Through the Purchase Progress (P4P) pilot initiative, WFP’s uses its demand in innovative ways to support the development of agricultural markets and small holders farmers' engagement in these markets. As the majority of the world's poorest people live in rural areas and rely on agricutural for their livelihood, P4P's contribution to agricultural development is an important step towards reducing hunger and poverty. Critical to the success of P4P is the wide range of partner to farmers in gaining access to new markets, for example:
- Improving their skills to increase the quantity and quality of their crops-e.g.,training in farming techniques, and use of the best seeds and fertilizers for their land
- Reducing post harvest loss-e.g., training in storage techniques and rehabilitation/construction of storage facilities.
- Enhancing farmers' knowledge of markets-e.g., quality, pricing, packaging
- Strengthening their farmers' organizations-e.g., training in management and negotiation of contracts, strengthening account and fiscal systems
- Improving business skills-e.g., preparing business plans, access to credit.
During the European Development Days a panel discussion was organised on December 7th around the theme Food Security What Role For Local Authorities In Least Developed Countries?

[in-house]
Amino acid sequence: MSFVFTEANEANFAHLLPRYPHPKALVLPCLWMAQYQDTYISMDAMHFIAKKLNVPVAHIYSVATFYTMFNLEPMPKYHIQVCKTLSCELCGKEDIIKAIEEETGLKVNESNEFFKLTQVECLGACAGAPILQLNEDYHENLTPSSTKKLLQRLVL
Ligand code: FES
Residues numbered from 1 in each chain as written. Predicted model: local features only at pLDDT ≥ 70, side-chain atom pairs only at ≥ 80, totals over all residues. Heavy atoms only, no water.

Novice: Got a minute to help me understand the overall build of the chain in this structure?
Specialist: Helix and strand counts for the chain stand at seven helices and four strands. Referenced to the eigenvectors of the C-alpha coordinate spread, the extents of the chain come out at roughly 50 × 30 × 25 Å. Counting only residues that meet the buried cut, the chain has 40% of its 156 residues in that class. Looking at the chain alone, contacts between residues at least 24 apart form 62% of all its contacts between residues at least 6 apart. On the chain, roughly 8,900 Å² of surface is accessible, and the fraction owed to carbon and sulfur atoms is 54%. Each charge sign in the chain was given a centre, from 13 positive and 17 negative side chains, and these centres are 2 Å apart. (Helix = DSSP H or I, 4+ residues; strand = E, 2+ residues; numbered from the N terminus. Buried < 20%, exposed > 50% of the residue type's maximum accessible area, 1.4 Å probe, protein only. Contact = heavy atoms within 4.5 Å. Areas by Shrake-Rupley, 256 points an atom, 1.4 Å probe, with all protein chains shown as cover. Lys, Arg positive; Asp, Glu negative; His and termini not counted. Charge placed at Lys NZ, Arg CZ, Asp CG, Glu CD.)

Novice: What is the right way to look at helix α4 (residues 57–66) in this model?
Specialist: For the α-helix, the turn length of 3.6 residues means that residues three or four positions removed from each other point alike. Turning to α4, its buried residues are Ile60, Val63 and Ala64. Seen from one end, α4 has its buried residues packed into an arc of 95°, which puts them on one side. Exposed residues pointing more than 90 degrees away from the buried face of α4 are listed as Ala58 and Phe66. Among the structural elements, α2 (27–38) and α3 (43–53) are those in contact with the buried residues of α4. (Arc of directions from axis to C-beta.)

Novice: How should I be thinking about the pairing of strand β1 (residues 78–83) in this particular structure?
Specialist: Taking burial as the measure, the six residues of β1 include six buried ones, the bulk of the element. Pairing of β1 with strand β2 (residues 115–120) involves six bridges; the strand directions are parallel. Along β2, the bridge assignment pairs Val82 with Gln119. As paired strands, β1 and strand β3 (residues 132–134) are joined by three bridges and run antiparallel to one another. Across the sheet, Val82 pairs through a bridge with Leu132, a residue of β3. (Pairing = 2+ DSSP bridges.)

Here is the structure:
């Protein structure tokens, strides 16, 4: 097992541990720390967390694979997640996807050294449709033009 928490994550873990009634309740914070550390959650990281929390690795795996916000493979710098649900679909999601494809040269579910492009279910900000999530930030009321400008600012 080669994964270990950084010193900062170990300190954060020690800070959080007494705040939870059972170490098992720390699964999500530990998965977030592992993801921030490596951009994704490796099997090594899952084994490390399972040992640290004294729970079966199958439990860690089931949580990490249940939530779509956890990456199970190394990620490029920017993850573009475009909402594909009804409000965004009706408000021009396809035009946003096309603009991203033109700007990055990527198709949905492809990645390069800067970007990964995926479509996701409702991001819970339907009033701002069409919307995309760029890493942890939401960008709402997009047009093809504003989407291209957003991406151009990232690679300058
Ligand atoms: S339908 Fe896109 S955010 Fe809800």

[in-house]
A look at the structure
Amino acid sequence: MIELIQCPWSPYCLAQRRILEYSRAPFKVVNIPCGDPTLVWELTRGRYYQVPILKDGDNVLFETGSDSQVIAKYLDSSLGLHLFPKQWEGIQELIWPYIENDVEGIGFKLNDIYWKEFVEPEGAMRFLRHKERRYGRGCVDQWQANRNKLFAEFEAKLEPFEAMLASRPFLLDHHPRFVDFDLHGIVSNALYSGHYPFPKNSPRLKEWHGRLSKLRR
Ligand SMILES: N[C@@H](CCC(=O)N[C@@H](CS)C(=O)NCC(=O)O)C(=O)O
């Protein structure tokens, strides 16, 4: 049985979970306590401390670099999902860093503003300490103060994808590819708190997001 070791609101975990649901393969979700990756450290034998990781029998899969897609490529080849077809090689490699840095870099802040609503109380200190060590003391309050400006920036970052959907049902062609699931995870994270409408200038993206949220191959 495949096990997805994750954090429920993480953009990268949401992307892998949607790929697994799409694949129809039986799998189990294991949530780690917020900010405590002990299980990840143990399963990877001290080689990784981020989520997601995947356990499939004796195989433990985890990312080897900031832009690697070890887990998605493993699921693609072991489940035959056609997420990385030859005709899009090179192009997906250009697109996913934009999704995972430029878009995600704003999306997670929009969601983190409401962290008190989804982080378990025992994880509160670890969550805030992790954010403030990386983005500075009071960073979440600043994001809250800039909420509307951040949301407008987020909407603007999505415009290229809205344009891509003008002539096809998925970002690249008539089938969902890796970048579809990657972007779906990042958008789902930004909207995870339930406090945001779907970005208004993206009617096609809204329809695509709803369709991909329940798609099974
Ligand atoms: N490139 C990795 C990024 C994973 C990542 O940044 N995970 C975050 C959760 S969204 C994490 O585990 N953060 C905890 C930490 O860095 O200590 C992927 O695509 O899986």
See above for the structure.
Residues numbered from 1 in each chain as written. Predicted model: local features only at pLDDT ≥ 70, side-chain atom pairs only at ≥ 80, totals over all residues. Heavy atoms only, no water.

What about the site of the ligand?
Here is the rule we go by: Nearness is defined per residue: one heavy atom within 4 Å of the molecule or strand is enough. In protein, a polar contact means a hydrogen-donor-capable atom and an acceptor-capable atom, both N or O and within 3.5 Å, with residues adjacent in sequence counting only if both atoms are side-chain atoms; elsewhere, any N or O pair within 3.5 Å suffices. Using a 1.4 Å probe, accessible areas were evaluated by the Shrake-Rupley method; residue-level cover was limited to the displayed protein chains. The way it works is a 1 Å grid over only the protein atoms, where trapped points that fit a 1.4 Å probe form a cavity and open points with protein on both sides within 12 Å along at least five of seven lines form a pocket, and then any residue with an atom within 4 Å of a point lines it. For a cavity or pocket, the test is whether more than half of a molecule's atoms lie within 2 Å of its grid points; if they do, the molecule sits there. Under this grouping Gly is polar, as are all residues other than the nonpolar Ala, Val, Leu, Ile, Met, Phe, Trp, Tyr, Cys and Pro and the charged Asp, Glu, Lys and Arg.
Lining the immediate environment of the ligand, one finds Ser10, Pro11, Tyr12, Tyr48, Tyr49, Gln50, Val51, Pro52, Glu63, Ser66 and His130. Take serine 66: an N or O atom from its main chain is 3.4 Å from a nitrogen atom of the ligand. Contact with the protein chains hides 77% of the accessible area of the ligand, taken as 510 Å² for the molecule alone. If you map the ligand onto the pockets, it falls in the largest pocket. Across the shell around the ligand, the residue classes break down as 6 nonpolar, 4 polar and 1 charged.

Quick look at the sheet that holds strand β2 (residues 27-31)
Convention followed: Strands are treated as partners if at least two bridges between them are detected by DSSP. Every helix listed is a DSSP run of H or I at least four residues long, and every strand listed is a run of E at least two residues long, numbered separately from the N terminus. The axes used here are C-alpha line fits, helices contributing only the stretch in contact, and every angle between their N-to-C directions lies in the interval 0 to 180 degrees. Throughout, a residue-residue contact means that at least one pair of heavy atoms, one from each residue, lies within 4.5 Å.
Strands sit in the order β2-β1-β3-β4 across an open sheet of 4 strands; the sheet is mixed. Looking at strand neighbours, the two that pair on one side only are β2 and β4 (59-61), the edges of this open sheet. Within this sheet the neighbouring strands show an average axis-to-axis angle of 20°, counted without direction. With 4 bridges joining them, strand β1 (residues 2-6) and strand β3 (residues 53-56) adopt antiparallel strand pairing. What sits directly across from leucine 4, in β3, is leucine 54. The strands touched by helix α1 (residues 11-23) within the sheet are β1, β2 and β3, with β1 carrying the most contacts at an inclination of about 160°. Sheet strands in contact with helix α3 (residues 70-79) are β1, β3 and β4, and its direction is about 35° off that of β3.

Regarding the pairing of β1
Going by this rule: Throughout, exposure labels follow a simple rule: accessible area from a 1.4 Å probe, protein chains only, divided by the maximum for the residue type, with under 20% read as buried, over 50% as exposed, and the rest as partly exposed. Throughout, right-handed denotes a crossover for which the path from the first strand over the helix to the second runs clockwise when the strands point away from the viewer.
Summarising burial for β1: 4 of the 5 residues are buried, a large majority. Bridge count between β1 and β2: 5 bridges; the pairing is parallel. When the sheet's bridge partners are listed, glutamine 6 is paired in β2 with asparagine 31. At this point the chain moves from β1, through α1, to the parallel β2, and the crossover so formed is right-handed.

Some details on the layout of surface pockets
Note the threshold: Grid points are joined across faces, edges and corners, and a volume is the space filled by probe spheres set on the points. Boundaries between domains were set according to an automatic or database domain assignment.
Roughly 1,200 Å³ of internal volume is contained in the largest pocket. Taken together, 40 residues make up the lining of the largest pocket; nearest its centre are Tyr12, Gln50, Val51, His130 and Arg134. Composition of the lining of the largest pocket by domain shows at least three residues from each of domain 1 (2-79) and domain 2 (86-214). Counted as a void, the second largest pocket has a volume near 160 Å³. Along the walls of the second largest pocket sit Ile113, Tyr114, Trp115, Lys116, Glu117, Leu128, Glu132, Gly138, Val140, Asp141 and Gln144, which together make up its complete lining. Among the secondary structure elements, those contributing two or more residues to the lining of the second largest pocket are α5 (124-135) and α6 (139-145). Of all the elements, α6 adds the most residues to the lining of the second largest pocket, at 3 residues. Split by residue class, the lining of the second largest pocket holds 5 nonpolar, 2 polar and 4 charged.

The following extract of this panel discussion focuses on the presentation made by Ken Davies
Small farmers in Mozambique are making huge strides towards becoming competetive players in local markets with the help of techniques and equipment provided through WFP's innovative Purchase for Progress programme (P4P).
P4P in Zambia established a revolving fund for 38 maize shellers that have been distributed in 10 districts on a loan basis. These shellers save farmers’ time, reduce their costs and improve the quality of their crops.
In Uganda, P4P helps smallholders gain access to markets by expanding the network of collection points and warehouses and by improving the general transport infrastructure. Improved access to markets provides farmers the incentive to invest in production and enables partners to provide trainings.
David Tibo, a small farmer in Ethiopia, looks back on his first year under the P4P programme, which has helped him raise his profits and think optimistically about his plans for the future.
Kenya has the potential to produce enough staple foods to be self-sufficient. But smallholder farmers struggle with poor market infrastructure, inadequate agronomic practices, lack of technical support and an over-reliance on rain-fed agriculture. Through P4P, farmers are being trained to address some of these hurdles.
P4P in Kenya his helping smallholder farmers improve their agricultural production and access markets for staple crops. The project is providing farmers training in agricultural production techniques, as well as in post-harvest handling, storage and quality standard. This video is being used to train farmers on some of these aspects.